Panasonic Lumix G6 digital camera review
Panasonic has managed to take an already good shooter, the Lumix G5, and make it even better with the release of the G6.
Tech Guide readers might remember I enjoyed shooting with the G5 around Terrigal late in 2012 and that I was suitably impressed.
The G6 takes everything that was good about the G5 and somehow makes it better.
By “somehow” I mean to say that, specs-wise, there’s very little separating the two cameras. Very little.
Side-by-side comparison of the spec sheets makes one look like a photocopy of the other.
However, Panasonic has clearly tweaked something under the hood because if my assessment is fair the G6 is delivering better colour than the G5 by a long shot.
My memory of the G5 was that in subdued light images processed in-camera were flatter than I would have liked.
But taking the G6 out in similar conditions returned results that suggest Panasonic has improved image processing of JPEGs.
Of course, if you like to shoot in RAW, the colour rendition opens up, but I tested the G6 mostly shooting JPEGs on the basis that the kind of person who would likely buy this camera would probably avoid processing RAW files.
Otherwise, every reason there was for buying the G5 goes equally for the G6.
Feature-wise, it’s loaded. A 16-megapixel MOS sensor records images and video with a wide choice of capture settings including 1080p at 28Mbps.
One of my favourite things about the G6 is the number of programmable Function buttons.
With two soft Function buttons on screen and five buttons on the back panel, the G6 addresses the needs of the advanced amateur who understands the need for control over capture settings and wants the convenience of being able to quickly access oft-required options.
Given that mining the menus to get at settings is a bit cumbersome, seven Function buttons make life easier, as long as you take the trouble to program them to your liking, or at least learn how to use the default settings.
A significant advance over the G5 is wi-fi, with the G6 offering two wi-fi modes.
One is fairly conventional, allowing network connections with PCs and other devices but getting a big tick (again) is the iOS/Android app that enables your smartphone to become a capture control device.
The caveat is that I found establishing a connection was very tedious compared to the ease with which I used the same function with the Lumix GH3.
Whether this is always problematic with the G6 or I was suffering a brain freeze I can’t be sure but the fact it was troublesome was disappointing.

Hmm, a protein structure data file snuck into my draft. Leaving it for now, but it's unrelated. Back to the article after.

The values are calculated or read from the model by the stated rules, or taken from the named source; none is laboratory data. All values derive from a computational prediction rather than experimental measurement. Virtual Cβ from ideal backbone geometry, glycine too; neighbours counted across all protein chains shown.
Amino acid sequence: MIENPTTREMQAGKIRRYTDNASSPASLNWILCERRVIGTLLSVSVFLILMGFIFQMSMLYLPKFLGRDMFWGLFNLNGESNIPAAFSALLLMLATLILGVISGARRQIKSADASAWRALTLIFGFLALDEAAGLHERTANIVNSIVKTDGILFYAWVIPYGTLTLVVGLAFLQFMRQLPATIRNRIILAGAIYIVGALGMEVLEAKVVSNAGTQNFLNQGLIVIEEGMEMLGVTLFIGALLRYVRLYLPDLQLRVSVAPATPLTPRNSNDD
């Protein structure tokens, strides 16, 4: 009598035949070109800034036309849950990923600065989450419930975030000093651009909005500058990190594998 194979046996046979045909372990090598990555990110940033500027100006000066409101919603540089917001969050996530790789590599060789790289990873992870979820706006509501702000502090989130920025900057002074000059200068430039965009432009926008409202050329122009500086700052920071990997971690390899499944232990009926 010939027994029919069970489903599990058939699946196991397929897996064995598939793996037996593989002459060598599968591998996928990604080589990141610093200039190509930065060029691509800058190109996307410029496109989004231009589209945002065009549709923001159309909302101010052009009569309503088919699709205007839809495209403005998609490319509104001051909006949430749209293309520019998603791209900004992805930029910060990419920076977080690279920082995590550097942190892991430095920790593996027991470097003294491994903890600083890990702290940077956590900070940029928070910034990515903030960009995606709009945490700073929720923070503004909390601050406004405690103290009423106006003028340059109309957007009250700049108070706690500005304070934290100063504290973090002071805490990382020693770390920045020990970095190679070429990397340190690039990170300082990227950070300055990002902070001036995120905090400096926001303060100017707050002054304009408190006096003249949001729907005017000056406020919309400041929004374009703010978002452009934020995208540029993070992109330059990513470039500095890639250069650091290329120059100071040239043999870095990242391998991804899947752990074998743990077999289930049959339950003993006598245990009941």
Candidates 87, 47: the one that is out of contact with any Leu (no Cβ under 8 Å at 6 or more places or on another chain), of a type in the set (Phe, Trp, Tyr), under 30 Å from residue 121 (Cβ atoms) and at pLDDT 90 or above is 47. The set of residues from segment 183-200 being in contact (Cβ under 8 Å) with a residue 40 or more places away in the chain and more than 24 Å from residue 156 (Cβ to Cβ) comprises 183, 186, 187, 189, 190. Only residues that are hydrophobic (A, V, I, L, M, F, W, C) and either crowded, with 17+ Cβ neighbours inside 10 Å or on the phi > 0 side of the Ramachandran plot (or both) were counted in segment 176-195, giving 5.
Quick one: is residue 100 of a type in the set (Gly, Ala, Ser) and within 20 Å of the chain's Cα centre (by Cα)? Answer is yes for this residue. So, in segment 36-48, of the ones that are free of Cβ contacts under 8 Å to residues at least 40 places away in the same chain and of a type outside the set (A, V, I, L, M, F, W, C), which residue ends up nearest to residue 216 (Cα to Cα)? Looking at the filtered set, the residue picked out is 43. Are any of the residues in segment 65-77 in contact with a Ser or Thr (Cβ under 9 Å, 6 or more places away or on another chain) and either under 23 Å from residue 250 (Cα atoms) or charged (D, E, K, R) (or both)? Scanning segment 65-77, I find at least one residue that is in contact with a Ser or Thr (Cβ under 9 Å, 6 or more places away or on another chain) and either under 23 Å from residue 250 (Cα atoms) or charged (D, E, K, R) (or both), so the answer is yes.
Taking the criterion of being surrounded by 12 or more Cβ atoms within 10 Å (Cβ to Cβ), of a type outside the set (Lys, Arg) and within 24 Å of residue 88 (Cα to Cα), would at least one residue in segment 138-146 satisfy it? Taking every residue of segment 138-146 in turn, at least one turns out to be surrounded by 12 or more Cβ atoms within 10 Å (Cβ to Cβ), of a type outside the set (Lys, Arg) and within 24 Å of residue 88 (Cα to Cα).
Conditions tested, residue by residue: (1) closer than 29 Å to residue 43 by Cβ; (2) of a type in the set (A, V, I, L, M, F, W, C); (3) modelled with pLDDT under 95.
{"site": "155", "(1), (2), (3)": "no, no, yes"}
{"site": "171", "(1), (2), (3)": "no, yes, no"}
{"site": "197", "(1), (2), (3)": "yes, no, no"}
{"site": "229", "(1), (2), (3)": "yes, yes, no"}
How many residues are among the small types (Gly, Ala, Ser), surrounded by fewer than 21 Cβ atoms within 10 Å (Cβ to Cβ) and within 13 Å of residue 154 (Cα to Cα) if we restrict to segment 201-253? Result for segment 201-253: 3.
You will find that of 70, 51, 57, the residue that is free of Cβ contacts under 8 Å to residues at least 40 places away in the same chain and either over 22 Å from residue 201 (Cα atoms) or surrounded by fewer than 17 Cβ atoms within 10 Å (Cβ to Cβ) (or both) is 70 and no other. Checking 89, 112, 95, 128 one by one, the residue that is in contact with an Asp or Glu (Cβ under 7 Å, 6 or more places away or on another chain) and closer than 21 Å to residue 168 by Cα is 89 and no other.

As with other Lumix cameras I’ve used, I have a lot of kudos to offer Panasonic with its implementation of the Intelligent Auto setting.
In fact, whenever I pick up a Lumix it’s the first thing I try because it’s so fun to use.
Coupled with the G6’s improved image processing, the iA setting will deliver some sparkling images in most situations.
It will tend to crank up the ISO when it picks a poorly lit scene, so some care needs to be taken with that. It’d be great to have in future models a sensor that detects when the camera is mounted on a tripod so the iA tends to adjust the shutter speed instead of the ISO.
Also impressive was the camera’s HDR mode. This is a setting I usually avoid unless the frames can be individually captured for manual processing, however the G6 manages to combine a HDR composite that isn’t gaudy, so this feature is worth a look if you’re similarly inclined to avoid HDR.
Other points with strong appeal are what Panasonic calls “creative features”. These are Creative Panorama, Stop Motion, Time Lapse and Creative Control Mode with its 19 filters (five more than the G5).
Again, as with HDR, I’m personally inclined to avoid in-camera effects but given the networking and sharing features of this camera, the filters are all the more relevant, providing an easy way to stay in tune with the Instagram crowd.
There are a great many other features that potential buyers should examine in the model’s specifications but what impresses me most about the G6 is its versatility and balance.
Here’s a camera that will appeal to users who are past wanting a simple point and shoot and who crave some measure of control over the capture process.
If, however, you want this camera to be a simple point and shoot device, it manages that task extremely well, too.
This means the G6 would make a great buy for somebody who is starting to expand their skill beyond the absolute basics.
In other words, here’s a camera that can grow with a user’s needs – the kind of camera that will be fondly remembered in years to come.
Improved usability is the icing on the cake with the G6. A more responsive AF, a slightly more comfortable grip than the G5, the overall intelligence built into the camera and what I think would be the first Live View Finder that I’ve enjoyed looking through.
What Panasonic has delivered here is a terrific Micro Four Thirds shooter that, above all, is great fun to play with.
* Chris Oaten is a professional photographer, and Tech Guide’s digital camera reviewer, from Insight Visuals.
Panasonic Lumix G6
Price: DMC-G6GN-K $899 (body)
DMC-G6KGN-K $999 (single lens kit)
DMC-G6WGN-K $1199 (twin lens kit)